For a year now, we have been identifying the most “pushed to the side” people within the geography where Hope Ascending operates in northern India. In a matter of months, we have developed relationships with the Banjara Gypsies and a community called the Singhiwala.
Both groups are migratory untouchables or Dalits. All gypsies can trace their origins back to Rajasthan India. To this day, they are the snake charmers, the tricksters, acrobats, entertainers and dancers that one will see in northwest India.
The Singhiwala are a scheduled caste that were traditionally employed as low-level medical practitioners who cleaned wounds by sucking poison and pus from them. Many are now rag-pickers and re-sellers of recyclables.
These two groups live in closely knit bands and marry within their people group only. They live in tents by the sides of roads on government property and are often “moved along” by the authorities. They are, for the most part, illiterate, and at-risk for bacterial super-infections, tuberculosis, parasites, jaundice, gastroenteritis, skin diseases and other infectious ailments.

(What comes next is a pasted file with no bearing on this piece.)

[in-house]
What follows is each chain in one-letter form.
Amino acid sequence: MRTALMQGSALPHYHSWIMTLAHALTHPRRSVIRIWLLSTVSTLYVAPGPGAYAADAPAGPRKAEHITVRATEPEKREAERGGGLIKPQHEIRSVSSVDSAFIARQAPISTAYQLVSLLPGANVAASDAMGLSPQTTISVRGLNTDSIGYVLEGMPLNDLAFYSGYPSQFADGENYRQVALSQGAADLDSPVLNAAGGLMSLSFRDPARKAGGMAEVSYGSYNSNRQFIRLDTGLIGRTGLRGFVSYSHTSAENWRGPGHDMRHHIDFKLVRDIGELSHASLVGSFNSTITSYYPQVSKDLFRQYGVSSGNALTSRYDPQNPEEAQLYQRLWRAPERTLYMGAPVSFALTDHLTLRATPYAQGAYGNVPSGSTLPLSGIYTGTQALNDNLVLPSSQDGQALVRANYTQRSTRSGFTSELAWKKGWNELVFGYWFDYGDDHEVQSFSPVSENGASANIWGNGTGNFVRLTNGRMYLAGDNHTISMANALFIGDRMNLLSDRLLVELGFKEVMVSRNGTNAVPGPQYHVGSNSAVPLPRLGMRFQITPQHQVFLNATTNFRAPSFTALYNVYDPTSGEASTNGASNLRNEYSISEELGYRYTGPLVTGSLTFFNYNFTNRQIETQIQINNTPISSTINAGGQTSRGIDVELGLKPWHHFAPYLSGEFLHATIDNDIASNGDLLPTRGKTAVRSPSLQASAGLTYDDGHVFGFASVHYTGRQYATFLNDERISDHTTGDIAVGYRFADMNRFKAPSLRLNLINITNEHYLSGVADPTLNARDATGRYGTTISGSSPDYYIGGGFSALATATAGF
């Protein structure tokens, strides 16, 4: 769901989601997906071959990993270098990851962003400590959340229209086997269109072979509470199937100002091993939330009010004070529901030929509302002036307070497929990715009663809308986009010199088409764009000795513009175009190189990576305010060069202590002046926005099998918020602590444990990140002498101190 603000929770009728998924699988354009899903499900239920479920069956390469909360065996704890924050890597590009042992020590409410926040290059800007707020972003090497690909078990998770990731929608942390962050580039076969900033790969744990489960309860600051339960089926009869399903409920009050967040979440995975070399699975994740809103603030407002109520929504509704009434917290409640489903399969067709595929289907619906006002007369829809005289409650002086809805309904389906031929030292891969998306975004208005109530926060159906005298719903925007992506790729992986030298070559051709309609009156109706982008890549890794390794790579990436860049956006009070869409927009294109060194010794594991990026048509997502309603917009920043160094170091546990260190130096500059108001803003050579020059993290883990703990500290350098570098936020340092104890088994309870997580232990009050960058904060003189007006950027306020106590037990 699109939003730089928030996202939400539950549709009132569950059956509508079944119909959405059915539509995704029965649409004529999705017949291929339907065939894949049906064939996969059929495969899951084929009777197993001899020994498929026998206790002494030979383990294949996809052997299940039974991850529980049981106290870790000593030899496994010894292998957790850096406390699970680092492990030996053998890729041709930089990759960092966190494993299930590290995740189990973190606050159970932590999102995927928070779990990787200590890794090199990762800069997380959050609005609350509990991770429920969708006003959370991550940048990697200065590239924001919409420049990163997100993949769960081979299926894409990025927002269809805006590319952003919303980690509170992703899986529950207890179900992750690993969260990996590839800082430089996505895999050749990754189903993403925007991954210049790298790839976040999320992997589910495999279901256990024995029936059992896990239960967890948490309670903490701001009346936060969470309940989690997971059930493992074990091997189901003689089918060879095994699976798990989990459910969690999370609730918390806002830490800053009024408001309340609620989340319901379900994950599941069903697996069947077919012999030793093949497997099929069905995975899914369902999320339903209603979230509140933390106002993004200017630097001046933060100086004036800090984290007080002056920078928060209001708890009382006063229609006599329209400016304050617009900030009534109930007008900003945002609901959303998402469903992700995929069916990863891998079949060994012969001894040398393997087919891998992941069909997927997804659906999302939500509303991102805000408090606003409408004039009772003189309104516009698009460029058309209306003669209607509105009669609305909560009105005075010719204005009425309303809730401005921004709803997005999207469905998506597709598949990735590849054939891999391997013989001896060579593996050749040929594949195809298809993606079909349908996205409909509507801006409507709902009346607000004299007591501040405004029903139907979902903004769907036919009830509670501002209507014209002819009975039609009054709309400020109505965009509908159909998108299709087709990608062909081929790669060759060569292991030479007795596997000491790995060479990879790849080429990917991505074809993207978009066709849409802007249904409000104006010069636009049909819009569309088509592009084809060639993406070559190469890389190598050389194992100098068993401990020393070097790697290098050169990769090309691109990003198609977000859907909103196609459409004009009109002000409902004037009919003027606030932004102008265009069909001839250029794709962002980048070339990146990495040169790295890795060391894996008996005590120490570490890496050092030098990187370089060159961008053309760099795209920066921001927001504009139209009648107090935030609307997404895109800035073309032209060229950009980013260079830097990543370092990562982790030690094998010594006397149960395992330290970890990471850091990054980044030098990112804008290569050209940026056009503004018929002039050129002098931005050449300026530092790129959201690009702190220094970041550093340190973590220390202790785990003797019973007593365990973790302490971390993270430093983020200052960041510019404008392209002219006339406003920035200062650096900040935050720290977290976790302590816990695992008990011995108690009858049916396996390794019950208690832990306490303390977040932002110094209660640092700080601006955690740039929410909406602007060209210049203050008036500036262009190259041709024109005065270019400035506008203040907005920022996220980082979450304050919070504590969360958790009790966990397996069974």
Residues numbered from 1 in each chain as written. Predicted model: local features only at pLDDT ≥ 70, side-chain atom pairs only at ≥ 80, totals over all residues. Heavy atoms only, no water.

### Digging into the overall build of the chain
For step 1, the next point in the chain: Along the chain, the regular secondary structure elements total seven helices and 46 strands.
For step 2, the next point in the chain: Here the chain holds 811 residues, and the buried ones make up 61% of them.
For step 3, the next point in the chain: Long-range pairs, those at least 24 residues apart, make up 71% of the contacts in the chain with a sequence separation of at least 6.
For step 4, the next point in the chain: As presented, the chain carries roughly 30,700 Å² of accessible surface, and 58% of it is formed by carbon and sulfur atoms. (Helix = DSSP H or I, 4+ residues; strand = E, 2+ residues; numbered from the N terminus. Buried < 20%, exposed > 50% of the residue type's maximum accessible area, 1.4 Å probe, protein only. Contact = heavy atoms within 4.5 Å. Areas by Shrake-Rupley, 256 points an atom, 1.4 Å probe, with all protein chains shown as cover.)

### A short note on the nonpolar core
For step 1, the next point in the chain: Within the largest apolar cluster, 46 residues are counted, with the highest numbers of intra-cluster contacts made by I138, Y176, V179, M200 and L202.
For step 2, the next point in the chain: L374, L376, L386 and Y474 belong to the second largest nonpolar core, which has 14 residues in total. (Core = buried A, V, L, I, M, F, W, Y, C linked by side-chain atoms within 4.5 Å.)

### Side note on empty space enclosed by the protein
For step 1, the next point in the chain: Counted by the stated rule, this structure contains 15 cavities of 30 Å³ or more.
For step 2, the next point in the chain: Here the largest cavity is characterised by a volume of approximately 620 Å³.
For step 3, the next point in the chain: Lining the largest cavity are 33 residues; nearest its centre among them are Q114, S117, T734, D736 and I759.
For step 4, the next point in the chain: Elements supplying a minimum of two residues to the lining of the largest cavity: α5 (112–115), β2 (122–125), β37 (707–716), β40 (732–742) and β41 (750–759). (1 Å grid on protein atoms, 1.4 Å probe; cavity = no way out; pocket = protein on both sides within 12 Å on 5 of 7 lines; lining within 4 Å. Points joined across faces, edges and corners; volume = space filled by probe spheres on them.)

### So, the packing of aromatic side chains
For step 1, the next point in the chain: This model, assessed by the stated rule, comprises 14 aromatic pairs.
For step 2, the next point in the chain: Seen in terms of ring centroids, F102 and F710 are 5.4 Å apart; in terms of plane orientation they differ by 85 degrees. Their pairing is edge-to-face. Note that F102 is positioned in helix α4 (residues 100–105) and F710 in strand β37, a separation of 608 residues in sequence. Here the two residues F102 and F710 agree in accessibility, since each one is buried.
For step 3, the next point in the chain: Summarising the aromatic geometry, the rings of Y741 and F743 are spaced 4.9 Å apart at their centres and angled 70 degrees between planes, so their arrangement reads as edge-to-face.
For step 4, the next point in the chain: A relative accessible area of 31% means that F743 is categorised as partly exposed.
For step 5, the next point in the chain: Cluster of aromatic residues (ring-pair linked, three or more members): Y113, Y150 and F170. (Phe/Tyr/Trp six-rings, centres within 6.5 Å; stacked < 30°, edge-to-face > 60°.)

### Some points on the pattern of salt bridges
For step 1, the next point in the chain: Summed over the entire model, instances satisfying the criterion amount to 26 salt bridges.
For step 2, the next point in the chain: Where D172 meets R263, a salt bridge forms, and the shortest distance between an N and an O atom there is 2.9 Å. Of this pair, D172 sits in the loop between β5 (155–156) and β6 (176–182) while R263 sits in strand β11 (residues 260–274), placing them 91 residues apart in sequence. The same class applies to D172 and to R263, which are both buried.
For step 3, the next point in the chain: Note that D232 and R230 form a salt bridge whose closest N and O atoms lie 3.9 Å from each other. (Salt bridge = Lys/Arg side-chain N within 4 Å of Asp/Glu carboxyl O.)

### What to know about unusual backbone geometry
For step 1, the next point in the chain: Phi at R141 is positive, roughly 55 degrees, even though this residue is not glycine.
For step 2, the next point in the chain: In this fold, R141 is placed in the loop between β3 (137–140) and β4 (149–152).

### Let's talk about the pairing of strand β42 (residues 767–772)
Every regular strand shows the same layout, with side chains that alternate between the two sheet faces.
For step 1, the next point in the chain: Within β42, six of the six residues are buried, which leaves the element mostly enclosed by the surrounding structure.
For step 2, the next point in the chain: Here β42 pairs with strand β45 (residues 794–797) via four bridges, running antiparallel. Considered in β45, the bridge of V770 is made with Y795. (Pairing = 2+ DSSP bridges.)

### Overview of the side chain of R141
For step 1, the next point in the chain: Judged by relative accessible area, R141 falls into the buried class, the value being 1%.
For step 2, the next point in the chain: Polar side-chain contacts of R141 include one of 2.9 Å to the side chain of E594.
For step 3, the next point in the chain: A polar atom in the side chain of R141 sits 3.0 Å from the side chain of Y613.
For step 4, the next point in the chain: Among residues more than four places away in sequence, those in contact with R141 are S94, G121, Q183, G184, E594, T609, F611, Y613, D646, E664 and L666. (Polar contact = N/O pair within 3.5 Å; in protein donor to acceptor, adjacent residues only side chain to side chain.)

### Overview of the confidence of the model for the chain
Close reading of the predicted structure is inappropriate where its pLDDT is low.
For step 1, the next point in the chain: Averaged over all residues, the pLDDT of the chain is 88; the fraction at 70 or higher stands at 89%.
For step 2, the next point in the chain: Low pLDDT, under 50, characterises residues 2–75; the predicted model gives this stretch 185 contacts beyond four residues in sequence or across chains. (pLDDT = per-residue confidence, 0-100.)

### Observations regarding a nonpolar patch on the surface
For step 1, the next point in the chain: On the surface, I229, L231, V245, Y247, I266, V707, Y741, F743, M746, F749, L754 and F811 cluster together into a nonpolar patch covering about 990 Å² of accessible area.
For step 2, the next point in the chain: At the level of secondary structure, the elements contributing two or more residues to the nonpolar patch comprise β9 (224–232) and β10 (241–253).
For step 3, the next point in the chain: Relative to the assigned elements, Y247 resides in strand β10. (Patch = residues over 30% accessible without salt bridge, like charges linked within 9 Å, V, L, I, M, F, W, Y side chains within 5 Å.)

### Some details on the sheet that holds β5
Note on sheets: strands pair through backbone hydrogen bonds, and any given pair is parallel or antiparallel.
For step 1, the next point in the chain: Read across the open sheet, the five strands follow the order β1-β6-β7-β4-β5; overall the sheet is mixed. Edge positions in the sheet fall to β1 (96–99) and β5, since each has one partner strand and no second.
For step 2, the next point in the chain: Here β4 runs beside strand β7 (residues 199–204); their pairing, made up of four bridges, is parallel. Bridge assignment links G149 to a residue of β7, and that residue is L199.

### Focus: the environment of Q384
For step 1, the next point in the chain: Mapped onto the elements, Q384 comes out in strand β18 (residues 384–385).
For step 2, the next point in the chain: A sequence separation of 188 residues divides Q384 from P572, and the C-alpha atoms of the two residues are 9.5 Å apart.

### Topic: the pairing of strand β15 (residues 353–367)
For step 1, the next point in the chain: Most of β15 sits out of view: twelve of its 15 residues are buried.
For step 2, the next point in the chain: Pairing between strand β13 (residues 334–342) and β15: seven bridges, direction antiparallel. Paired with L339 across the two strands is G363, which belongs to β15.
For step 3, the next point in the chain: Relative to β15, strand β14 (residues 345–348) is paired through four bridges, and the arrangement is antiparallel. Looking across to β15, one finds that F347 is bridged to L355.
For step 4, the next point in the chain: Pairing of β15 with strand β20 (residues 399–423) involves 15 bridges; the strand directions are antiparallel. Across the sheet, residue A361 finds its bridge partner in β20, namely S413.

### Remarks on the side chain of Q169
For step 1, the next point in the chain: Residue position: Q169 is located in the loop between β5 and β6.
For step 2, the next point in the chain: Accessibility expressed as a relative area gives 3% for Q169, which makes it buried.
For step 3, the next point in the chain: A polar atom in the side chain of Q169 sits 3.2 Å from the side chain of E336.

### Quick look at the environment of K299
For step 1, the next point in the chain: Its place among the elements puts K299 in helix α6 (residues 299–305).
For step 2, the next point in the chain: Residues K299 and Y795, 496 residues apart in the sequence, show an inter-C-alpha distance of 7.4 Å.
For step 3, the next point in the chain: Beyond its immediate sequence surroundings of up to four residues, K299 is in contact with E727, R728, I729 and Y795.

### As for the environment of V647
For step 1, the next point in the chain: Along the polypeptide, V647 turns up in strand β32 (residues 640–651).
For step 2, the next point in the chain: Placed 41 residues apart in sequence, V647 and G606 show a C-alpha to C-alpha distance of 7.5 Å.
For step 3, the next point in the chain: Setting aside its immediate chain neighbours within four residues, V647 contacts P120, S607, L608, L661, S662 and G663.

One of the indigenous pastors in our network has been working with the Singhiwala. He has established an adult literacy class, a child tutoring program, and a weekly prayer meeting for the families. In addition to sponsoring a new automobile for the pastor (so that he can be more effective at what he is already accomplishing), we made a commitment to help organize and fund periodic medical camps.
The Banjara Gypsy women may own a few pieces of gold (earrings, nose ring, etc.), but they have no running water, no home – only a tent, no access to healthcare, no transportation, no education. They are out-castes because they were born into a social strata that is shunned by the majority. They aren’t even allowed to enter into the homes of people above their status nor into any Hindu temples. Social and religious marginalization exists.
The Gospel has taken root among these two Unreached People Groups. Pastor holds a prayer time with an ever growing number of families once a week. When we arrived at their camp, five families were attending. That was a month ago. Today, the number has doubled! In addition to social outreach, these people are learning their true value as children of God; forgiven and loved, cherished and made perfect in the image of their heavenly Father.